The Gondolas of Venice

What is it about Venice that makes us love her so? What makes Venice one of those cities that people love….even if they have never been there? The bridges? The glass? The canals? The gondolas? The gondoliers? The mystique?

Truth be told, I didn’t like Venice the first time I was there. The crowds. The pushing. The shoving. The crowds. The flooded piazza. The prices. The crowds.

I read once that tourists in Venice do not have a sense of staying in line. I found that to be quite true. When the gates to a vaporetto (water bus) or museum open, people start shoving. I’ve learned to get away from crowds in Venice. When I go there now, I walk the back streets and alleys, get lost, and enjoy it so much more.

Speaking of Walking…

Venice is a collection of 118 islands connected by over 400 bridges. The city also has almost 200 canals and about 125 piazzas. There are alleys that are not on the canals, but they tend to be narrow. In other words, there are no roads, so cars are banned. Visitors have to walk or take some form of water transport—water taxis, vaporetto, private boat, or gondola.

And of Gondole…

Most of my friends who have been to Venice tell me they love to take a ride on a gondola. While I’ve done it, it’s not my favorite thing to do as I prefer to have feet on the ground. What interests me more is the history behind these sleek, black boats.

Gondole (the plural of gondola) have been a means of transportation in Venice since the 11th century. At one time thousands of them crowded the Venetian canals. 

Gondolas docked in a Venetian canal.
Gondola

The boat makers had to follow strict regulations (called mariregole) that oversaw all aspects of their lives. The mariregole legislated everything from how much the boat makers paid their apprentices, how much they paid as a dowry for their daughters, and how they buried their dead. Most importantly, it demanded that sons follow in their fathers’ footsteps.

At that time, the flat-bottomed boat had two rowers and came in a variety of colors. Well-to-do families competed with each other to see who had the fanciest, brightest color, or most gold on his gondola, so a Venetian doge ordered all gondole be painted black. Passed in the 17th century, the law has stuck for almost 500 years. (Side note: In Venice, black denotes elegance while red is the color of mourning.)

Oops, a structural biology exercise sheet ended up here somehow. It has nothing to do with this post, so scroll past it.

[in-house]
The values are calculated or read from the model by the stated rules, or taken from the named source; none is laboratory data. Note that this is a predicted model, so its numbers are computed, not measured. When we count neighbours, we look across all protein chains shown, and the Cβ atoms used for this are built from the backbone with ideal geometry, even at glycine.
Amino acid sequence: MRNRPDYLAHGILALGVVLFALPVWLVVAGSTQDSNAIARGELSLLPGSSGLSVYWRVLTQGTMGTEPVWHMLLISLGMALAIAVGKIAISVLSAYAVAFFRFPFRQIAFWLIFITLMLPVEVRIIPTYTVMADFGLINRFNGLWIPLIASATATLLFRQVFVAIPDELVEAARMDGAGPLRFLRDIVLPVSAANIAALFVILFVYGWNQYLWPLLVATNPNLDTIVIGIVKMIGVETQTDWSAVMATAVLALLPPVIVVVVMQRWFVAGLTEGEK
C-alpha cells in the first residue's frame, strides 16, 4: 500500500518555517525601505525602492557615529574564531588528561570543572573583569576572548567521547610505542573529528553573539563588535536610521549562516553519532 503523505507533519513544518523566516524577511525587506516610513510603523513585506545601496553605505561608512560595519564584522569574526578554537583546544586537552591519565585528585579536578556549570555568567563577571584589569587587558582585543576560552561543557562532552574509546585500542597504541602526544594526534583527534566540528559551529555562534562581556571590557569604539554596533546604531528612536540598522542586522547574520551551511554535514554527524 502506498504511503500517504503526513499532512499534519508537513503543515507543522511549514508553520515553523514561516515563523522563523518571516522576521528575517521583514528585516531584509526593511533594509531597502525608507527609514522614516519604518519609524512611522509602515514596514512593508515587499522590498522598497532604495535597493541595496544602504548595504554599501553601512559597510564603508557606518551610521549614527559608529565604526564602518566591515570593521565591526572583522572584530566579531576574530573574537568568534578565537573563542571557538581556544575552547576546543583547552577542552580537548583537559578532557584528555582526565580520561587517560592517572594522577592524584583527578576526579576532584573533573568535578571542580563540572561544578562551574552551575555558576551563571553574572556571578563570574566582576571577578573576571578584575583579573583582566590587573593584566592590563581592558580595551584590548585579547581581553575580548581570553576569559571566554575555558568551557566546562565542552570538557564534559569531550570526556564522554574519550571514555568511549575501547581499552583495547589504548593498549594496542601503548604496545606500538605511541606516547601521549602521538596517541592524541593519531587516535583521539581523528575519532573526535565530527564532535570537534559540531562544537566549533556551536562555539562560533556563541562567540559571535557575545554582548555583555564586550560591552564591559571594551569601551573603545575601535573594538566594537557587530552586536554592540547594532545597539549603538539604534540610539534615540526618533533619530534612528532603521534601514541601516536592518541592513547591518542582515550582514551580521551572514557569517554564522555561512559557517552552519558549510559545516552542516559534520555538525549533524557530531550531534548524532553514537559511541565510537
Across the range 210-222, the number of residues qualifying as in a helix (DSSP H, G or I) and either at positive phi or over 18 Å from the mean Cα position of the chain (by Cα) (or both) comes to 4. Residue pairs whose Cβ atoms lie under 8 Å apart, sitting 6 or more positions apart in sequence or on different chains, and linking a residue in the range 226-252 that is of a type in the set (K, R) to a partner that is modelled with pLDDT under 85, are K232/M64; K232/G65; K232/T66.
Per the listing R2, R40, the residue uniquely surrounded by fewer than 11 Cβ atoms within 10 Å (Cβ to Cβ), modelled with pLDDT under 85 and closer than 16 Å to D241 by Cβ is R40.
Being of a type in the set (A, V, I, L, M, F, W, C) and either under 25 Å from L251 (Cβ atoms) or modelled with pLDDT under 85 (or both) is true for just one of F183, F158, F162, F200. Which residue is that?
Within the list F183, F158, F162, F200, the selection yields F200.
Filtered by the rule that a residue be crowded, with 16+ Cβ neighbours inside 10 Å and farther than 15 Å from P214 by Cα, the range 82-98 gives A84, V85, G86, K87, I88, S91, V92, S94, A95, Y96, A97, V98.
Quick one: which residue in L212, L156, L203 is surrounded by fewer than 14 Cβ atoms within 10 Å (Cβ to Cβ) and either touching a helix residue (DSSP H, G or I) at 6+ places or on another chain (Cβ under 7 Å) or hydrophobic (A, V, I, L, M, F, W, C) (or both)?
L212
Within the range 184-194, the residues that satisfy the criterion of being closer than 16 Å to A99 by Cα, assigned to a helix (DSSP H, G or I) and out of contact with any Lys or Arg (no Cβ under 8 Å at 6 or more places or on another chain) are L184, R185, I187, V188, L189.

Building the Gondole


Gondole are not mass-produced. Handmade of 280 pieces of eight kinds of wood (elm, cherry, walnut, lime, mahogany, fir, oak, and larch), the gondola take about two months to build. Each one 35-feet long and weighs more than 1100 pounds. Gondole are asymmetrical and lean slightly to the right. The port side of the gondola is nine inches wider than the starboard side so that the gondolier can stand there for balance. The oarlock (forcola), the piece that holds the gondolier’s oar, has various points to support the oar and allow the gondolier to control eight different movements—starting, stopping, slowing down, turning, etc.

At the front of each gondola is a prow or fero. In Italian, fero means iron, and the fero originally served as a balance to the gondolier’s weight. Over hundreds of years, the fero has undergone many changes and modifications. Today’s fero has so much symbolism behind it.

The “s” shape of the fero symbolizes the curve of the Grand Canal. Six prongs face forward representing Venice’s six sestieri (districts). The one backward prong represents the Giudecco (the southern-most island that faces the sestieri). The curve above the prongs “is” the Rialto Bridge. Above it, the large curvy “head” of the fero represents the doge’s hat.

Some of the fero have three frieze between the prongs representing the three islands in the Venetian Lagoon—Murano, Burano, and Torcello.

The Gondolieri

In the beginning, slaves rowed the boats, but today’s gondolieri are very different. One cannot just decide to become a gondolier. Gondolieri go through rigorous training. They must begin by passing basic Voga alla Veneta rowing and swimming tests. (Voga alla Veneta is the Venetian practice of rowing while standing up.)

If they pass those two tests, they spend 12-18 months at an “arte del gondiliere” school where they take courses in a foreign language, Venetian history and culture, geography, and rowing. Prospective gondolieri have 400 hours of training before they take the exams. Once they pass all of the exams—including a very specific rowing test, they are able to register as a substitute gondolier, work the traghetti (gondole that transport people across the Grand Canal), and join the exclusive 1000-year old Gondoliers Guild. 

Venice awards only 425 gondolier licenses. Each license is linked to a particular gondola station, so gondolieri always work in the same location.

The Guild also regulates the uniform of the gondolieri. They must wear dark blue or black trousers, black shoes, and a red- or blue-striped shirt. The emblem of the Gondoliers Guild is embroidered on the shirts and jackets. Straw hats with ribbons are optional.


You may also enjoy reading:

Where To Find Modern Art in Venice
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Chris Cutler

Travel Editor

Christine Cutler is a writer, photographer, editor, guide, teacher, traveler, Ohio native, Florida resident, and world citizen. She lives in Downtown St. Petersburg with her husband and crazy Welsh Terrier, but she can’t sit still very long. In addition to maintaining her own websites Cold Pasta and Red Wine and Christine Cutler, she is executive editor of Food, Wine, Travel Magazine; a travel, non-fiction, and memoir writer; a photographer; and an editor whose work has appeared in various publications. In addition, she has taught Spanish, English, and memoir, grammar, and business writing. A dual Italian-American citizen, she spends as much time as she can exploring Italy.

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